I strongly believe that the key to having a successful business is a relentless focus on not just good customer service, but totally awesome customer service. This holds true for companies of all sizes and in all industries, but also for IT departments within companies. Let me define my view of customer service: It’s that feeling of goodness, that warm calm inside, that justification (even if distorted) for spending money, that someone gets from a positive interaction with your service or people.
Let me begin with my opinion of the greatest customer service I’ve ever seen, and it happens every day - theme park characters. Someone just like you or me climbs into a very heavy and very hot fabric suit and acts as a larger-than-life character for children. They deliver what is potentially the most important customer service act possible and uphold the belief that something make believe is indeed real. The customer service has to be perfect every time or a child's beliefs can be ruined forever. That is the high bar we must all think about!
Over the years, I’ve had the opportunity to interact with many companies, many leaders, and many IT departments. As I think back to my experiences, I am reminded of the good, the bad and the ugly experiences. There are too many bad and ugly experiences to list, and they would seriously embarrass companies (you know who you are). Therefore, let me focus on a couple of stories about the good:
I’m going to guess the year was 1994, and I worked for a Fortune 500 company as a software engineer. We had just received shiny new PCs for the department from Dell. They were Dimension XPS machines in a beautiful beige color. After the unboxing and setup, they worked great -- except for mine. The hard disk drive sounded like a noisy washing machine. I called customer service. They said it was “normal” and there was nothing they could do about it. They were reading from a script and not thinking for themselves with any common sense. Just because a computer can read and write without errors doesn’t mean any unusual noises it makes while doing so are irrelevant to customer satisfaction. I was very angry. In just a few days following my phone call to Dell Customer Service, I probably told 100 people how bad Dell products were and how bad their support was. After several more days of affliction by “the washing machine” and in some desperation, I sent off an email to an address I conceived out of thin air: email@example.com. The email read simply “Is this the real Michael Dell?” Within 30 minutes I received a reply which said “Yes, how can I help?” Amazed, I replied, including details of the situation.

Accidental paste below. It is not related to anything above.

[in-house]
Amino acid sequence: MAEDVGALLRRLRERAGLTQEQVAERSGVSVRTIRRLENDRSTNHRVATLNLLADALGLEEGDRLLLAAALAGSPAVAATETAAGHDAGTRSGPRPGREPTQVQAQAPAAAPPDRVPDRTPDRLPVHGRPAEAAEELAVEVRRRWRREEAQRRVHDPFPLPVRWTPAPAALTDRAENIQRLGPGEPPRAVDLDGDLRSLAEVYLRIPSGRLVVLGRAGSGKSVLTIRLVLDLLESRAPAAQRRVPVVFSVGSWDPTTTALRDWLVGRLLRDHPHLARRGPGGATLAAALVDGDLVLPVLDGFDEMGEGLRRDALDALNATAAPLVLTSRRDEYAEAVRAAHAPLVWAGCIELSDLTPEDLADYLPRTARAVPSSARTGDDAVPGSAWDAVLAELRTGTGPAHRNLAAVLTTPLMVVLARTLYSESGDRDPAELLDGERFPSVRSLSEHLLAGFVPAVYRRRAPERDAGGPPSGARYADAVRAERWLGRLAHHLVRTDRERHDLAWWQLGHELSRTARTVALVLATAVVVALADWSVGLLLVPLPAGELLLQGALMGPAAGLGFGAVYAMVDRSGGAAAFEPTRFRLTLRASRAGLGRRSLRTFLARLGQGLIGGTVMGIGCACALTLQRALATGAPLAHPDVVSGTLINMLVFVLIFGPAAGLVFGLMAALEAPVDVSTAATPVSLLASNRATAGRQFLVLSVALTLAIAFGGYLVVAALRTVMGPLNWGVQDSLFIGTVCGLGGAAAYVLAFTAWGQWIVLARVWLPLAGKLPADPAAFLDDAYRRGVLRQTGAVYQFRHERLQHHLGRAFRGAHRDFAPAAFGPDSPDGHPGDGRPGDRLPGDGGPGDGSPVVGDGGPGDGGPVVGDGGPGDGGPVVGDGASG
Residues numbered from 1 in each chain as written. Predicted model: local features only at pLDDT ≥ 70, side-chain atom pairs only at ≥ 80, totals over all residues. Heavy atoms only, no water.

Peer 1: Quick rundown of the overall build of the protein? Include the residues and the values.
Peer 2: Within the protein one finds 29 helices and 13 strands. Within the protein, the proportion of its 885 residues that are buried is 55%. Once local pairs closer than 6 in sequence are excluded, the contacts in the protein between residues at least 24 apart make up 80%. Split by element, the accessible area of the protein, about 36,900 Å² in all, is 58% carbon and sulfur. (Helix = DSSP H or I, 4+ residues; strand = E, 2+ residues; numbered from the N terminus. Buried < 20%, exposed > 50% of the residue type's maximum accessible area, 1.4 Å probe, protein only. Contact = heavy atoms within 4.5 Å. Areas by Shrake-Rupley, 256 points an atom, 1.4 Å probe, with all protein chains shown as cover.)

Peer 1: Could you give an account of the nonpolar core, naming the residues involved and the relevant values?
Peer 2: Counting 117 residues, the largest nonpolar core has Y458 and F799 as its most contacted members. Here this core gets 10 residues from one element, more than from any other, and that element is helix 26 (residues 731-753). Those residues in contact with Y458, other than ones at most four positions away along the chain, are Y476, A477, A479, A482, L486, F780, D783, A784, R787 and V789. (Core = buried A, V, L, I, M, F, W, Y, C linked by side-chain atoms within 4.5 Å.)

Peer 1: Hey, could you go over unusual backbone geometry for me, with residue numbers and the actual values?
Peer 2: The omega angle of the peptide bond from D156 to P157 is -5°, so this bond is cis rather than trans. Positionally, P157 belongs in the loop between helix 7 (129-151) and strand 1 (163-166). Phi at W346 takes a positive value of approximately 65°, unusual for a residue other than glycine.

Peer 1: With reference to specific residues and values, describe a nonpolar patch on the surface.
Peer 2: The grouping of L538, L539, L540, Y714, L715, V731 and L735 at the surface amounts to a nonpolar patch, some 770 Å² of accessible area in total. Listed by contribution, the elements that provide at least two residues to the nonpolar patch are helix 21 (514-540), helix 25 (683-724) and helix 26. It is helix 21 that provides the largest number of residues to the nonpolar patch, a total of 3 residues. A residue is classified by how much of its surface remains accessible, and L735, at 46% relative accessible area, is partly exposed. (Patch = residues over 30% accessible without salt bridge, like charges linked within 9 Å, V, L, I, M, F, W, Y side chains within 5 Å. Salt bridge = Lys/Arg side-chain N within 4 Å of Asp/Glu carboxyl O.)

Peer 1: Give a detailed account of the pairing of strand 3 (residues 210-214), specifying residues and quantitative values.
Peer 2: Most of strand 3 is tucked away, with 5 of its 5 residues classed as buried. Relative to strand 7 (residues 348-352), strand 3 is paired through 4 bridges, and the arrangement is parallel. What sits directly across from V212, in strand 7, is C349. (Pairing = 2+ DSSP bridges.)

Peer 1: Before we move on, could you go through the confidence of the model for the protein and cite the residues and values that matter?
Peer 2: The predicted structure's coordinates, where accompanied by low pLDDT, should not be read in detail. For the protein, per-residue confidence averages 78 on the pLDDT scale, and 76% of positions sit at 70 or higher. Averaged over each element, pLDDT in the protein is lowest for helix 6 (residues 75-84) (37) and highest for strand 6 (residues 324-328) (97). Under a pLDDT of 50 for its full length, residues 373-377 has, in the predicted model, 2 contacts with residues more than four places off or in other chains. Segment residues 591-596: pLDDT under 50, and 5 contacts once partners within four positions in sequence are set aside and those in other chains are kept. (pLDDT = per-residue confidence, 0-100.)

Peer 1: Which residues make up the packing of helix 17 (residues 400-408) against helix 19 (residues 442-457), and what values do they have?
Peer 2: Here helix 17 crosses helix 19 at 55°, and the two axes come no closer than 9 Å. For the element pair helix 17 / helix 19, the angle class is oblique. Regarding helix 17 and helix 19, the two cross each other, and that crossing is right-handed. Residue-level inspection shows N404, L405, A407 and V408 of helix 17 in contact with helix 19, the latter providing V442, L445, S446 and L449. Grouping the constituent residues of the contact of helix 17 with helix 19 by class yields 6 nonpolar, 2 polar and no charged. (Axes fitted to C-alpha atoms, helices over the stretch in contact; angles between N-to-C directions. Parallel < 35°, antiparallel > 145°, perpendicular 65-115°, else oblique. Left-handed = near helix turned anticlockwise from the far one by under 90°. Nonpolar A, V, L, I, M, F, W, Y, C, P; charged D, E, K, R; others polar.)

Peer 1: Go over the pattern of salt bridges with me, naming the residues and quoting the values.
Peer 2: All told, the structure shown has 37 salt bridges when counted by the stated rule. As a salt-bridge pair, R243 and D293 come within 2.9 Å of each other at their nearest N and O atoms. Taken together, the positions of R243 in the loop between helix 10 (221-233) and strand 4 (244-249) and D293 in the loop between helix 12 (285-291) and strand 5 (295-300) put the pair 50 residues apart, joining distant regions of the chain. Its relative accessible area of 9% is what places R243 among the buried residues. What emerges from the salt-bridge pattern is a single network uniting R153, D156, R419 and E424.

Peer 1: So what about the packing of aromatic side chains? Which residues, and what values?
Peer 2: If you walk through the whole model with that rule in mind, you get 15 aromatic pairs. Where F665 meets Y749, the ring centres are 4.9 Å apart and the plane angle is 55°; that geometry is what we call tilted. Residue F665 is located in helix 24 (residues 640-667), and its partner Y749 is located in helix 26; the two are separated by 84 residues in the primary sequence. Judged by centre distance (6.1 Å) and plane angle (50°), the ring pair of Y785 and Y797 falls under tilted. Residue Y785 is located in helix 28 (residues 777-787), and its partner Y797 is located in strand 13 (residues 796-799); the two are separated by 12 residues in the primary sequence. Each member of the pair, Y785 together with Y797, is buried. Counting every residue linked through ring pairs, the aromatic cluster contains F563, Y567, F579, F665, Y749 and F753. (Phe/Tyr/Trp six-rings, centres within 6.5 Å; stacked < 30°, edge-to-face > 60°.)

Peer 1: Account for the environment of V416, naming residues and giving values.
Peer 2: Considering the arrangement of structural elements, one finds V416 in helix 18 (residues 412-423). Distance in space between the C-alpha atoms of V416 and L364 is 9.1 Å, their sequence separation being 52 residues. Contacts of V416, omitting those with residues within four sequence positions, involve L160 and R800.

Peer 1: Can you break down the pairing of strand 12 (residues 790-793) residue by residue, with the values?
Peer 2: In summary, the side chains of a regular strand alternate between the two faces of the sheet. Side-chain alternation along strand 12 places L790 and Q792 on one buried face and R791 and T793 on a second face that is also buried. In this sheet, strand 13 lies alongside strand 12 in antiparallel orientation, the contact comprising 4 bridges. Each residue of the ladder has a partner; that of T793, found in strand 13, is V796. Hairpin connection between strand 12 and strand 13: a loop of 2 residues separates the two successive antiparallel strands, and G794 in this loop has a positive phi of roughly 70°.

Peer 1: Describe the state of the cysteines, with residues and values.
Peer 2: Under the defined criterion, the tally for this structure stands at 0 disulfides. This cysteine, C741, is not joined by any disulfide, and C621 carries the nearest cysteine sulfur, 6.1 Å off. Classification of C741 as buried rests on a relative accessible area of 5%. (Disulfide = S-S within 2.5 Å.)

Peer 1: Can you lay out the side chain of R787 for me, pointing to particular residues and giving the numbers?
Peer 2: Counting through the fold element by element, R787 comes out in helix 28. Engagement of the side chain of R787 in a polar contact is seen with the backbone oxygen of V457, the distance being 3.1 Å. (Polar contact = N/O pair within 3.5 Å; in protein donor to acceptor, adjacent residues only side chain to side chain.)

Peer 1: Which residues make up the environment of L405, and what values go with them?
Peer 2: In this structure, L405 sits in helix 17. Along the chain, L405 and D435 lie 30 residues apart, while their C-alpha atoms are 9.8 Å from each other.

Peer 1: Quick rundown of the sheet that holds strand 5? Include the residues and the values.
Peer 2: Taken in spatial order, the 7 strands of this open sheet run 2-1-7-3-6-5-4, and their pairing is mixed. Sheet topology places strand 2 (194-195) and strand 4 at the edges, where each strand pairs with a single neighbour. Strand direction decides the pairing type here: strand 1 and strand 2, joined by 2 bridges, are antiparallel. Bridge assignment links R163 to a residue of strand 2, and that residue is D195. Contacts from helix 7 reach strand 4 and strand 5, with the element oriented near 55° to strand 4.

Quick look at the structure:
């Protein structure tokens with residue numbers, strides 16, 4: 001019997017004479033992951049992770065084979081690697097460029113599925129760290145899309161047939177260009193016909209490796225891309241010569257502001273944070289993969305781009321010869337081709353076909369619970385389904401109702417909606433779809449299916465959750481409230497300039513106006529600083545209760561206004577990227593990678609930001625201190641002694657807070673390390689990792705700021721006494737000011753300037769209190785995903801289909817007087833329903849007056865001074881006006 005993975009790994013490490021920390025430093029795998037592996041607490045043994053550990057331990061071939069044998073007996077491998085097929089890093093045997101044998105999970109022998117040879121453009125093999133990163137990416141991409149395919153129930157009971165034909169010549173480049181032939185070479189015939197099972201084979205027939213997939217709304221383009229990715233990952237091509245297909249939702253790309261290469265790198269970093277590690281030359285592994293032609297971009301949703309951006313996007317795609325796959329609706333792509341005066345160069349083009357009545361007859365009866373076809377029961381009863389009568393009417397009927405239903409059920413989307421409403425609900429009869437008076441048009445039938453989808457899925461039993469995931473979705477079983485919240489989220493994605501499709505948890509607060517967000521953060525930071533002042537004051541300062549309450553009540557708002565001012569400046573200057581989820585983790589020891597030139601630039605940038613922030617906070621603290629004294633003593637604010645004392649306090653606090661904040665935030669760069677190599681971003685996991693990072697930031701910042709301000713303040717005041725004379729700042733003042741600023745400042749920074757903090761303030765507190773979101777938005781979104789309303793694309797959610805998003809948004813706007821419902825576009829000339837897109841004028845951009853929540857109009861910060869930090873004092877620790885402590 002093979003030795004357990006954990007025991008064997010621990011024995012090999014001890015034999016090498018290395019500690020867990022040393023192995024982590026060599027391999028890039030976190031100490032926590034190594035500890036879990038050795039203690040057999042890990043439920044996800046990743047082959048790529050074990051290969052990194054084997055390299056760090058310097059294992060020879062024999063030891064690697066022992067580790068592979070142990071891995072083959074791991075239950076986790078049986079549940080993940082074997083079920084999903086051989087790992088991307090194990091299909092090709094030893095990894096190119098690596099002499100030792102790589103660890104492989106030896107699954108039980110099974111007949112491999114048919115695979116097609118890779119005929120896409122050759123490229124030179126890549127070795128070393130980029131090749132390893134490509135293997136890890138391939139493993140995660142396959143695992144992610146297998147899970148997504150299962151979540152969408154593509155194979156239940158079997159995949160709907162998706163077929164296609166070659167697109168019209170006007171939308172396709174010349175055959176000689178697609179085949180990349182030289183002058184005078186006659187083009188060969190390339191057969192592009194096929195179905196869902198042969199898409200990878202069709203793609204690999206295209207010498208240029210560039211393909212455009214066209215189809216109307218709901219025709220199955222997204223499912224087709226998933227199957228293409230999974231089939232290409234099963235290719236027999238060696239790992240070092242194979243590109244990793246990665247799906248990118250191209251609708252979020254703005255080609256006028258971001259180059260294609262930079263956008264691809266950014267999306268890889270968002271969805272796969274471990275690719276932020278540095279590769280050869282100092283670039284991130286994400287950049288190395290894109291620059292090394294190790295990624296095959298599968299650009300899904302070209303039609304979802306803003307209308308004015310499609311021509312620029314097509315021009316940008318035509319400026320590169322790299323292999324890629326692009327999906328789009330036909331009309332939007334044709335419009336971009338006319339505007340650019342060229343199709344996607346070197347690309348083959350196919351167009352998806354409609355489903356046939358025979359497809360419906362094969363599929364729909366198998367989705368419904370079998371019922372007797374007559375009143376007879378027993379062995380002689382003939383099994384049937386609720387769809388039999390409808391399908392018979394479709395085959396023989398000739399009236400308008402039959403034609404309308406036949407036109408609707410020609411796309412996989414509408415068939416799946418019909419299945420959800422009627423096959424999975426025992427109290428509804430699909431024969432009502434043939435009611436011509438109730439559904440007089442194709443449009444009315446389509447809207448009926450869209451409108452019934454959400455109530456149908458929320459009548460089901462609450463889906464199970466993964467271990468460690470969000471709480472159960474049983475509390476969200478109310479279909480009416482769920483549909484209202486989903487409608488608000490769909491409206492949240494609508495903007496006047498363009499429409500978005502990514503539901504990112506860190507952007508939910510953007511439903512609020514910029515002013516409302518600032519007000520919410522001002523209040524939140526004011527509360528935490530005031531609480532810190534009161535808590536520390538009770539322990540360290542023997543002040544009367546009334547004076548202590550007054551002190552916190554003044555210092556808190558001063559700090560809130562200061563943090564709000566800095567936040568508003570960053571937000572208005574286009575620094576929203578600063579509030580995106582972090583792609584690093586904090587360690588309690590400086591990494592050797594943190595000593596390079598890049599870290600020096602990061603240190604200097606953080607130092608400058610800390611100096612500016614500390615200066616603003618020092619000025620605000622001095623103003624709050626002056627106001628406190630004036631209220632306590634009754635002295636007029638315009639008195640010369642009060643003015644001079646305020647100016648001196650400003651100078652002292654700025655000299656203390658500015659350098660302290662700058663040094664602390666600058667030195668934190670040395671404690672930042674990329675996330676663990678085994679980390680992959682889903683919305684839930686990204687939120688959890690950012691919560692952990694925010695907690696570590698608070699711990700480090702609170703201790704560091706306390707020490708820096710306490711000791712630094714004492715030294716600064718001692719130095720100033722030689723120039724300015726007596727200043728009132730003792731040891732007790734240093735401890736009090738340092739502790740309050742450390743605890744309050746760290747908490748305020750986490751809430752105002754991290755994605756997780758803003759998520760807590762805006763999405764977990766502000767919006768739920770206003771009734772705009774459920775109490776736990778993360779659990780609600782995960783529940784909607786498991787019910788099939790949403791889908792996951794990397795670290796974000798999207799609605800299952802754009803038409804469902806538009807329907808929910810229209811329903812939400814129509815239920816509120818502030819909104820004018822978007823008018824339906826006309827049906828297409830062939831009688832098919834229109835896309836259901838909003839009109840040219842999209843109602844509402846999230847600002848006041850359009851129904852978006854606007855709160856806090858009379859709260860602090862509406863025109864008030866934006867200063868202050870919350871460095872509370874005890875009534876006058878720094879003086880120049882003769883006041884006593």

Within a day I had not only a new hard disk, but a new machine with a faster processor! I have no idea if it was really him, or if it was just an on-the-ball customer service agent, but either way it did the trick. My faith was restored and I have now told thousands of people of my POSITIVE experience with Dell. Also, I’ve spoken with Dell customer service hundreds of times since then and never again have I received the same poor service as I did during that first call. Maybe it was my complaint that made the difference.